Our NYC Holiday Market is open—this weekend only! Come see us »
🔕 🔔
Loading…

My Basket ()

All questions

Help! Looking for Christmas desserts that can be baked in advance!

I'm in charge of the desserts for Christmas in my family, but I'm working overtime from here until two days before the big date. I need ideas of desserts that can be frozen and then just thawed before dinner. My family will eat pretty much anything, so fire away :) Thank you in advance for the help!

asked by Anna about 2 years ago
20 answers 1867 views
23b88974 7a89 4ef5 a567 d442bb75da04  avatar
Pegeen

Pegeen is a trusted home cook.

added about 2 years ago

Unbaked double-crust fruit pies freeze very well. You just need to add more baking time to defrost them when you finally put them in the oven. You can also freeze unfrosted layer cakes, defrost later, then frost, glaze or add toppings the day before or day of. Same with "loaf" dessert breads or bundt cake. Trifles are easy to assemble (fun for kids as they don't need much precision) and could be made quickly the day before or day of. Nigella Lawson has a very tasty chocolate cherry trifle - check her web site.

1d6bb673 5888 4638 8d38 f6f0a0c9da4e  img 0280
added about 2 years ago

Thanks for the tips - will definitely check Nigella's recipe!

1097a5b5 1775 4eec a8ea 7421137b65dc  image 2 apples claire sullivan 2
amysarah

amysarah is a trusted home cook.

added about 2 years ago

Many types of cookies, plus brownies, blondies, etc. freeze well. Cheesecakes generally freeze well too (though if you're topping it with fruit, do that after defrosting.) I've frozen flourless (or near flourless) chocolate cakes and they were fine - just serve 'as is' with whipped or vanilla ice cream.

23b88974 7a89 4ef5 a567 d442bb75da04  avatar
Pegeen

Pegeen is a trusted home cook.

added about 2 years ago

Just saw this great recipe for rugelach (delicious - more of a pastry than cookie)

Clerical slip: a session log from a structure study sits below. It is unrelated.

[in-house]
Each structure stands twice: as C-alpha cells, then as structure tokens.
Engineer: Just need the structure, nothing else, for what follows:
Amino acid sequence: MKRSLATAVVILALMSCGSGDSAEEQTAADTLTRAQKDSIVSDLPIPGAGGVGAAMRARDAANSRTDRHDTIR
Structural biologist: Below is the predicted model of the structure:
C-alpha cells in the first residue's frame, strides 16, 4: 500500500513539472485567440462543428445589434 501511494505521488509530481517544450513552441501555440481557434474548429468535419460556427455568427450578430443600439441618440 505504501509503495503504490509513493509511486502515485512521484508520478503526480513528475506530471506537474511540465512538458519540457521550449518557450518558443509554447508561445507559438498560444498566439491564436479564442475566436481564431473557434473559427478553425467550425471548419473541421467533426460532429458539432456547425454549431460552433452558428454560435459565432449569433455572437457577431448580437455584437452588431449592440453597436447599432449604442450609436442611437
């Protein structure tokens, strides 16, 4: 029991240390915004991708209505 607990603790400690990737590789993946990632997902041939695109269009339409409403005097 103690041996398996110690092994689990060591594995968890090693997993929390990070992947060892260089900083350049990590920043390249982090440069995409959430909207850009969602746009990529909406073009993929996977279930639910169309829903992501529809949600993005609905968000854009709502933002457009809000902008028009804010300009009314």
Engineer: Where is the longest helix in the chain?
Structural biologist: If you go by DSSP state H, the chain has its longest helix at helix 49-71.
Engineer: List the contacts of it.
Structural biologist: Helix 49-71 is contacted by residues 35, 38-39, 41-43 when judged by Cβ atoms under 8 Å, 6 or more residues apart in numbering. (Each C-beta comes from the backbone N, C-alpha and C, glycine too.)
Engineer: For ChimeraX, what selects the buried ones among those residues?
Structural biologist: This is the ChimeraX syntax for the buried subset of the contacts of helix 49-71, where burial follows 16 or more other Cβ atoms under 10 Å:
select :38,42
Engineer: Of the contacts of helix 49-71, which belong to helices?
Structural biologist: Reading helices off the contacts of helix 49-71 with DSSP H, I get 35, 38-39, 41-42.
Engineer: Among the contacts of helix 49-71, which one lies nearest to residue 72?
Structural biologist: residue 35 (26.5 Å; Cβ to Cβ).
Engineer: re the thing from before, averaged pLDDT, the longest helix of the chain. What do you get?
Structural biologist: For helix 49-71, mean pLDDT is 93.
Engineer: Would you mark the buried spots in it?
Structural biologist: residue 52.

https://food52.com/blog...

You could also bake and fill little tartlets with lemon curd, jam or conserves, then freeze. Defrost and add a dollop of whipped cream before serving.

1d6bb673 5888 4638 8d38 f6f0a0c9da4e  img 0280
added about 2 years ago

Thanks for the rugelach suggestion - looks tasty!

8e1a20a7 1500 40f0 ad58 818107a4b9ad  540434 3765129049943 1219987725 n
added about 2 years ago

Cake! Cake! Any (unfrosted) cake!

1d6bb673 5888 4638 8d38 f6f0a0c9da4e  img 0280
added about 2 years ago

Any particulars as for the freezing in this case, or just wrap it tight in clingfoil and tupperware and it's ok to go?

23b88974 7a89 4ef5 a567 d442bb75da04  avatar
added about 2 years ago

wrap each layer in saran wrap, then in foil, and then place in a freezer bag.

23b88974 7a89 4ef5 a567 d442bb75da04  avatar
added about 2 years ago

Fruit cake (I know, I know) should be made at least a month in advance. If you think you hate fruit cake, you could try this recipe - http://chowhound.chow.com.... It is really not what you would expect fruit cake to be and it is very, very good.

1d6bb673 5888 4638 8d38 f6f0a0c9da4e  img 0280
added about 2 years ago

I'm actually fond of fruit cake (go figure), so I'll definitely give this a go. Thanks for the tip!

Dcca139f 78d5 41a3 b57b 6d6c96424a1c  img 7818
added about 2 years ago

This Date, Apricot and Walnut Loaf Cake that was recently featured on the site is SO good. It's a sophisticated version of fruit cake, and it gets better with age so you could bake it three or four days in advance with no need to freeze it. https://food52.com/blog...

23b88974 7a89 4ef5 a567 d442bb75da04  avatar
Pegeen

Pegeen is a trusted home cook.

added about 2 years ago